…he'd probably write a better tune than most of the rejects and retards who proffer us Christmas singles year upon year...
Ever since Fountains of Wayne released the delectable 'I Want An Alien For Christmas' a few years back, we've been bereft of quality indie noel songsmithery. This was brought into particularly sharp focus when The Killers announced that they'd knocked up a song about snow in Las Vegas, or something, for the festive season; it wasn't long before the obvious gag about 'snow', 'cocaine', 'wankers' and 'The Killers' was bandied about. The bastards. Though I do recommend new single, 'Bones'. It's gak-catchy, boys and girls.
But who then, should offer us a festive musical treat? Step up to the plate and serve a steaming turkey of a santa song? With brussels sprouts basslines?
Obviously it couldn't really be The Flaming Lips, because as fun as it'd be – who'd be able to discern any difference from what they normally do? In Wayne Coynia, it's like Christmas EVERY day. The frickin nutter. Nor would we allow The White Stripes to do something. Because they'd cover a Victorian-era Christmas carol in such a faithful way that they'd probably have a malnourished boy with rickets on backing vocals. Then shove him up a chimney. No, Jack… No. Equally you'd get little mileage out of Oasis. They'd probably accidentally write Slade's 'Merry Christmas Everybody' without realising it. Hang on, a quick Google shows me that they have ACTUALLY covered said atrocity. How ironic.
Now, without further ado, here's my made-up but hopefully one day will come to fruition tracklisting of...
The Best Indie Christmas Album Of All Time… Ever!... Ever!
Get Cape. Wear Cape. Fly – 'Christmas Is For Everyone (Not Just White People In Britain, Think About Muslims And People In Iraq And Others Less Fortunate Than Ourselves For God's Sake)'
In which over a series of hand-plucked guitar notes, Sam Duckworth sings earnestly. Occasionally bellowing.
¡Forward, Russia! – '377'
Over a squalling sound of feedback, arhythmic guitar and clattering drums, Tom Woodhouse punctuates the year before next year's 12 days of Christmas. It'd be great, naturally.
Thom Yorke – 'Santa Baby'
In which, above a propulsive rhythm section and strings of ethereal guitar feedback, Thom wriths cheekily whilst crooning about what he wants for Christmas. Or more to the point, what he wants from Santa. Baby. Yes. World peace, the beheading of George Bush, the jailing of Tony Blair, and the abolition of the right-wing tabloid press.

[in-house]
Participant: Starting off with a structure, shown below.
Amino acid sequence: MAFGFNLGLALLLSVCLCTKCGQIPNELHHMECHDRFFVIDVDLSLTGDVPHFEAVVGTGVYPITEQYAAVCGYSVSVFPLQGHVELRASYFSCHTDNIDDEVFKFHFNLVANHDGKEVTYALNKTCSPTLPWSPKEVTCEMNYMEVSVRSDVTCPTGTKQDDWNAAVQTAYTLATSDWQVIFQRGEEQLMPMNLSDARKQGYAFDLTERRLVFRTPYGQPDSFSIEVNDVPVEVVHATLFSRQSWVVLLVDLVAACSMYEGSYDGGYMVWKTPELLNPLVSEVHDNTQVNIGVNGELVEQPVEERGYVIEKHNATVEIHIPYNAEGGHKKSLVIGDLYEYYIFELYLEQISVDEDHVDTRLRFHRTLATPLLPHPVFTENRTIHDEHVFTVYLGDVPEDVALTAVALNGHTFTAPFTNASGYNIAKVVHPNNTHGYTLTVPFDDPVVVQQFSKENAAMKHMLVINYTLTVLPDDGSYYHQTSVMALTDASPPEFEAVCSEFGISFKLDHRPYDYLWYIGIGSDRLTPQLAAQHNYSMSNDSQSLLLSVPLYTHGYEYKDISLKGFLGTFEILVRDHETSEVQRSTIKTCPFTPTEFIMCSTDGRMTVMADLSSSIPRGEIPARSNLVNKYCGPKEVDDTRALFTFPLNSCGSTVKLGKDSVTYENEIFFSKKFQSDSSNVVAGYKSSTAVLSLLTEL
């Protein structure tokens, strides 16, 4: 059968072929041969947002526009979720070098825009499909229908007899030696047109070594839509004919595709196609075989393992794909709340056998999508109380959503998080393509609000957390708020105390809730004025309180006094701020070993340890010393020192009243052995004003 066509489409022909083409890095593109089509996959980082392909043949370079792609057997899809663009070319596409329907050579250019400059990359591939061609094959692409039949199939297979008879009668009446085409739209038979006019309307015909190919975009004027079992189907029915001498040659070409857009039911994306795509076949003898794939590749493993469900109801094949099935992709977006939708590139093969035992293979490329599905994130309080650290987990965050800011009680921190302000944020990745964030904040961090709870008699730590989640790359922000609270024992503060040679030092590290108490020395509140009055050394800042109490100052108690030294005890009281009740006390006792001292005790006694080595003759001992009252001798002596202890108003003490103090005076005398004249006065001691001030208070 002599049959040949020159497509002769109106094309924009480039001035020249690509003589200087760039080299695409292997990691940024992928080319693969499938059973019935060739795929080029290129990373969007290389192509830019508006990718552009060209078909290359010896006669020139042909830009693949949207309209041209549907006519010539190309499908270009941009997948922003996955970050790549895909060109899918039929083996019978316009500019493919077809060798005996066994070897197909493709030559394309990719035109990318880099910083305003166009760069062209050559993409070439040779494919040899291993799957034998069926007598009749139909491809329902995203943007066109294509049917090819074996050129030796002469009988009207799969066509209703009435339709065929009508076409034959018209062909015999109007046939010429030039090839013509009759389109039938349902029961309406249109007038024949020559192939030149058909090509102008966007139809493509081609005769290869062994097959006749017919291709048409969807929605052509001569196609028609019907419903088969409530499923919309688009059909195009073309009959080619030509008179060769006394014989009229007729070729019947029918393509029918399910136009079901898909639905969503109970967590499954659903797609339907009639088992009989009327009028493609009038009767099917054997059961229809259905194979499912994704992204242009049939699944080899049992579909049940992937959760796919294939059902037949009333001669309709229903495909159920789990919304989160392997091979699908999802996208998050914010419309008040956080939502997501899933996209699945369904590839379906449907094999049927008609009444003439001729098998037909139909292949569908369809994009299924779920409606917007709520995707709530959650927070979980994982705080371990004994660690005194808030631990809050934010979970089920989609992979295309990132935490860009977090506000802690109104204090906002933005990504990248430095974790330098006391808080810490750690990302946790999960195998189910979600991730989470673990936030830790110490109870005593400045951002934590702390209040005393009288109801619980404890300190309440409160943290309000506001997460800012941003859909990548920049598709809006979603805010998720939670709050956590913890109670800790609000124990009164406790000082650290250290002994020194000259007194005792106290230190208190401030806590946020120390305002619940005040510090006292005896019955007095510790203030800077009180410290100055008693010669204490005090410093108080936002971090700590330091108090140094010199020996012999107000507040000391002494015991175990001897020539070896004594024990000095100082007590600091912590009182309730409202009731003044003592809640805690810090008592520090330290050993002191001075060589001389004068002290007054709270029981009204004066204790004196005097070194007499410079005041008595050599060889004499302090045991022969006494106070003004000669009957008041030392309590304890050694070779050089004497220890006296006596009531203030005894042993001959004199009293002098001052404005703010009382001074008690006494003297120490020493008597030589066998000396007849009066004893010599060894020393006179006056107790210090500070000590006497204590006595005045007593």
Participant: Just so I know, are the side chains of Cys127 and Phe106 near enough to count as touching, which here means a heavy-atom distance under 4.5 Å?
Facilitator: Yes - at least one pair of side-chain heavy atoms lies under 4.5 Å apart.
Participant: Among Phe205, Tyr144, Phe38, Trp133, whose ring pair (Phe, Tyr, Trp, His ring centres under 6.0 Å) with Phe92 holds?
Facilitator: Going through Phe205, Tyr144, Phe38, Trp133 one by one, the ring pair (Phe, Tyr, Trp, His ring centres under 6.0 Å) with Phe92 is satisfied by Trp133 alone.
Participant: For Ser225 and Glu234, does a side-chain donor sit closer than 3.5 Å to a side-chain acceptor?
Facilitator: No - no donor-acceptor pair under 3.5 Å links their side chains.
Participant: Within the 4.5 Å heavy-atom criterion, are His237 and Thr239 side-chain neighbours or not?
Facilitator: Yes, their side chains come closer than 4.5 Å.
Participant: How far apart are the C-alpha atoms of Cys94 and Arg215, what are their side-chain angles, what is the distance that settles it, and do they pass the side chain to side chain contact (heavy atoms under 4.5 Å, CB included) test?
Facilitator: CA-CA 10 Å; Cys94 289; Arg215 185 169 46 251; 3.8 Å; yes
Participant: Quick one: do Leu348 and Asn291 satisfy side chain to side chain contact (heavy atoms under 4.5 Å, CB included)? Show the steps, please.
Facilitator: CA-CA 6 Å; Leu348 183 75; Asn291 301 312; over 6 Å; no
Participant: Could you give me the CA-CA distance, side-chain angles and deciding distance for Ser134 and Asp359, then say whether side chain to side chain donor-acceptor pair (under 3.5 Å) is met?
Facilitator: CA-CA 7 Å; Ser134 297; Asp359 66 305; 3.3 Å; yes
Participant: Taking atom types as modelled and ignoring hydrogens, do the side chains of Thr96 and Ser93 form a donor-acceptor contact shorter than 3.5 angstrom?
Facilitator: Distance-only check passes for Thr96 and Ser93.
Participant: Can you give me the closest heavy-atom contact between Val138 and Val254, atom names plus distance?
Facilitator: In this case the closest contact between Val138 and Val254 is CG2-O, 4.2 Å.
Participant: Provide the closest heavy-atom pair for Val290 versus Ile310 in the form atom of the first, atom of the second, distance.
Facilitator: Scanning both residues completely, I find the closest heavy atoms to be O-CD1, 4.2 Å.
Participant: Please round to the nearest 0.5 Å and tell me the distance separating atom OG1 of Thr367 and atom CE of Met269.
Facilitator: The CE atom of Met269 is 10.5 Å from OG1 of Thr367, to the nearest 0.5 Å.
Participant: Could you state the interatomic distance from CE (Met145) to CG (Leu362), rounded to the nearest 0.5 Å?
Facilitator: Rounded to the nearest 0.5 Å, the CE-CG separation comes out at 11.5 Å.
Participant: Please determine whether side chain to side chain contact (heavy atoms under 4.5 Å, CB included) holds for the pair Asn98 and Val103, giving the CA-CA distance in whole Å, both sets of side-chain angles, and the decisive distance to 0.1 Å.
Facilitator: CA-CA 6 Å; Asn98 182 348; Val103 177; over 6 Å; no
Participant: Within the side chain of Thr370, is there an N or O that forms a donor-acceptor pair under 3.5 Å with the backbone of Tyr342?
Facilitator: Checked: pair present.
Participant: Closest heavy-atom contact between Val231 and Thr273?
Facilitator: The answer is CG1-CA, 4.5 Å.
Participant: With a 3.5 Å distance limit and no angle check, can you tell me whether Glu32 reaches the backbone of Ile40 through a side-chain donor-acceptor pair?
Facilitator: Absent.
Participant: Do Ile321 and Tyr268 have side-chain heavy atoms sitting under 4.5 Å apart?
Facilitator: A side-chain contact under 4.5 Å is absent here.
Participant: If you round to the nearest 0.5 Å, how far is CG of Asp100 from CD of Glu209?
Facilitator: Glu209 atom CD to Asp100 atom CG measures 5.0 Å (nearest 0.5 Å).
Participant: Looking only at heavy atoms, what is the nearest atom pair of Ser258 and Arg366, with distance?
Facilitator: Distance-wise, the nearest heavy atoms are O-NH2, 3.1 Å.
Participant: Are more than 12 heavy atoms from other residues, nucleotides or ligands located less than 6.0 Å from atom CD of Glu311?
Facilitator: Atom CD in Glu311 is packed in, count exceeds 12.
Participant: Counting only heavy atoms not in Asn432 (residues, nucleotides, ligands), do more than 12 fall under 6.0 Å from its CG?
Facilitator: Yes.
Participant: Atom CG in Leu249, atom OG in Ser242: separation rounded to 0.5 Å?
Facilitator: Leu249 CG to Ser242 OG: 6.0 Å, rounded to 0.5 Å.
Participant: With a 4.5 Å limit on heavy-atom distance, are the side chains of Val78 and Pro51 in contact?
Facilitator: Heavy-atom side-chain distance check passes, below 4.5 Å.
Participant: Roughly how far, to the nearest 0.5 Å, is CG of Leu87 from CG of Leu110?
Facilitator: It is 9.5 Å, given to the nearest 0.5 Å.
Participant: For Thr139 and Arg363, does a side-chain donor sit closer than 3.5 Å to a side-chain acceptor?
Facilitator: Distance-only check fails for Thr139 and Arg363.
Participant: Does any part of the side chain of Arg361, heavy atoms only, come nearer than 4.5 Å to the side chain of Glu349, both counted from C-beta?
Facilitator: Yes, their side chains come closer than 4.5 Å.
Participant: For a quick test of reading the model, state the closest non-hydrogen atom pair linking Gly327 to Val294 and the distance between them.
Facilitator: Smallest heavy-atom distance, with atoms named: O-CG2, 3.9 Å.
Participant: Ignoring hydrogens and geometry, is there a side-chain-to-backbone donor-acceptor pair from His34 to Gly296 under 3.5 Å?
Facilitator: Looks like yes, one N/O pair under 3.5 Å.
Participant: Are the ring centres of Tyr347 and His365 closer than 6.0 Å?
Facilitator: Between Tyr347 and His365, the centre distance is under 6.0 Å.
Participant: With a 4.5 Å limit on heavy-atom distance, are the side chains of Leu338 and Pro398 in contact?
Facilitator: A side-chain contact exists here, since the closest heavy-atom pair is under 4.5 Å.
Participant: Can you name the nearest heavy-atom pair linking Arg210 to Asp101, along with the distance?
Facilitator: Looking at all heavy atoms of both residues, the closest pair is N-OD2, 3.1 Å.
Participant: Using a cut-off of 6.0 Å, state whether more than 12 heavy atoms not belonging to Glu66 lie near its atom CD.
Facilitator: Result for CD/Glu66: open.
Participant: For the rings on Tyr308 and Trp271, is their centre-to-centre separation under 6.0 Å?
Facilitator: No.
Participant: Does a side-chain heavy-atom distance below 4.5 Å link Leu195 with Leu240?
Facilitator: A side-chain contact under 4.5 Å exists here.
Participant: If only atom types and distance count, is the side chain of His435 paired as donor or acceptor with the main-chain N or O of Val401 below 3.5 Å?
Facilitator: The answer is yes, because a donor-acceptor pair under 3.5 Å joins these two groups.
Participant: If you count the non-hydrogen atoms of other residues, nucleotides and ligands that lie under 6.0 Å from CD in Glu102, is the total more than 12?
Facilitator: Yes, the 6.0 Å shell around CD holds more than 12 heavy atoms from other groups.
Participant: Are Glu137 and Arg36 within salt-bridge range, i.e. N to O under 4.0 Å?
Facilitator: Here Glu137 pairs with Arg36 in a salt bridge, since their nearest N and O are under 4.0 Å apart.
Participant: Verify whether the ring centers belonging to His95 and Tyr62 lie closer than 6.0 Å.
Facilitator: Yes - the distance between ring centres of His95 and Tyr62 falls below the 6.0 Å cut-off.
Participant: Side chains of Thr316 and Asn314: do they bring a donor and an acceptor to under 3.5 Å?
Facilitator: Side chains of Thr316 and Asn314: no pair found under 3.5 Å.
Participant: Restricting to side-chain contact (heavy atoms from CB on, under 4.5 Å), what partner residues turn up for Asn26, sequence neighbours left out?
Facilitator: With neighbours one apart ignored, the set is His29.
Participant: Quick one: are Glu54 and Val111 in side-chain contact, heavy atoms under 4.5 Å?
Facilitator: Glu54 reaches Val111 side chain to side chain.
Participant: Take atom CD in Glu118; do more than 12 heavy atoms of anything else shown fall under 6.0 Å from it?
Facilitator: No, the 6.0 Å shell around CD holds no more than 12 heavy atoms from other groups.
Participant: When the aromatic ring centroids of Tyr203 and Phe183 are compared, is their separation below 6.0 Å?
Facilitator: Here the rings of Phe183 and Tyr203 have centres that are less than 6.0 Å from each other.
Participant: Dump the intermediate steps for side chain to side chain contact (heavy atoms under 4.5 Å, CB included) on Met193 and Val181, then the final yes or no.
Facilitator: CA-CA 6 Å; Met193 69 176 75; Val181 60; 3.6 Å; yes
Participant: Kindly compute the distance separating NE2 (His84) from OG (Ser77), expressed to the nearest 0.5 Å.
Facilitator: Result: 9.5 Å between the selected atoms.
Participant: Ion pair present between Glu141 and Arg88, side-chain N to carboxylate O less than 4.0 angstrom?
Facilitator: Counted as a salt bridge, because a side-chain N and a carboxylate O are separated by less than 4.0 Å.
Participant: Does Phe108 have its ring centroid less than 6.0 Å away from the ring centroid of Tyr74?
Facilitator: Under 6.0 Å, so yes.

The Automatic – 'Bastards In The Pub (at Xmas)'
An Interpol-like verse sees lyrics describing a festive gathering in a small pub in Wales, before the chorus comes in and explains HOW IT TURNS INTO A REALLY BIG FIGHT AND EVERYONE'S PISSED AND HITTING EACH OTHER. Because that's what happens in their world, which is a totally unique observation. Small town. Fights. Well I never, eh? That bastard Pennie will also shout "CRIMBO!" and "FIGHT!" alternately over the chorus. Forever.
Interpol – 'Miracle on First Avenue'
Cold, poignant and irrevocably sad, Interpol sum up the perils of Christmas with a piece that references crackwhores, homeless people, solitary drunks and angry policemen, whilst reflecting that it was all the girl who broke Paul Banks' hearts' fault.
The Strokes – 'Sleazebag'
Dryly and wittily, like a man singing to his drunk mate down the phone, Julian Casablancas tells a tale of how one Christmas Eve, he got really drunk in a series of bars before getting sucked off by a model in a telephone booth. And he didn't give a fuck, because "those girls are so cold, her friend was so easy, I need a space for my head and New York is dead".
Pavement – 'Sheriff Santa'
A reformed Stephen Malkmus, Spiral Stairs and co write a jaunty, angular and unfathomable effort that mentions nothing about the festive season nor the law, instead proffering a chorus of "and the spoons go in the pan, and the cars in the garage, I need a hot summer for Beirut". Marvellous. It'd also be cherry picked to appear on Uncut's monthly CD and hailed as "a return to form".
Keane – 'Christmas in Afghanistan'
Clumsily and incredibly embarrassingly, cherub boy wails about there "being no snow in Afghanistan this year" whilst scooping large amounts of Crimbo Gack up his nose. Sobbing. Fortunately, we're distracted by the elegant tinkle-tonkle of Rigby Farthing-Fyce-Hubert's lovely piano sounds. It sounds like a flock of angels in musical form.
Placebo – 'Filth And Christmas Cards'
A repetitive, yet catchy, riffing Fender screams away, whilst Brian Molko nasally expresses his love of Christmas through the tale of two midget ice skaters who send each other dirty Christmas cards and then meet up for gay sex. Whilst on the telephone. We're shocked. How can Placebo be so downright dirty?
Kaiser Chiefs – 'Christmas in Leeds'
Ricky Wilson allows Peanut to take vocals on this one. However, he did pen the lyrics:
"The kids are walking through tooow-nnn
there's a lovely girl in a Christmas goowww-nn.
The students are singing the songs of carolll
we're drinking beer by the barrrelll.
We've been bought Quality Street byyy Muuum
I like the reeeed onesss.
Don't you love Christmas in Yorkshirrrrre?
It's better than Christmas anywhere else thaaat's clear!"
Cat Power – '(Have Yourself) A Merry Little Christmas'
Well, it'd just be really nice, wouldn't it?
The Fratellis – 'Mum's at Christmas'
Der ner ner Der ner ner, der ner ner ner ner ne ner. Der ner ner Der ner ner, der ner ner ner ner ne ner. Der ner ner Der ner ner, der ner ner ner ner ne ner. Der ner ner Der ner ner, der ner ner ner ner ne ner. Der ner ner Der ner ner, der ner ner ner ner ne ner. Cuntrags at Christmas!
Album liner notes by Russell Brand.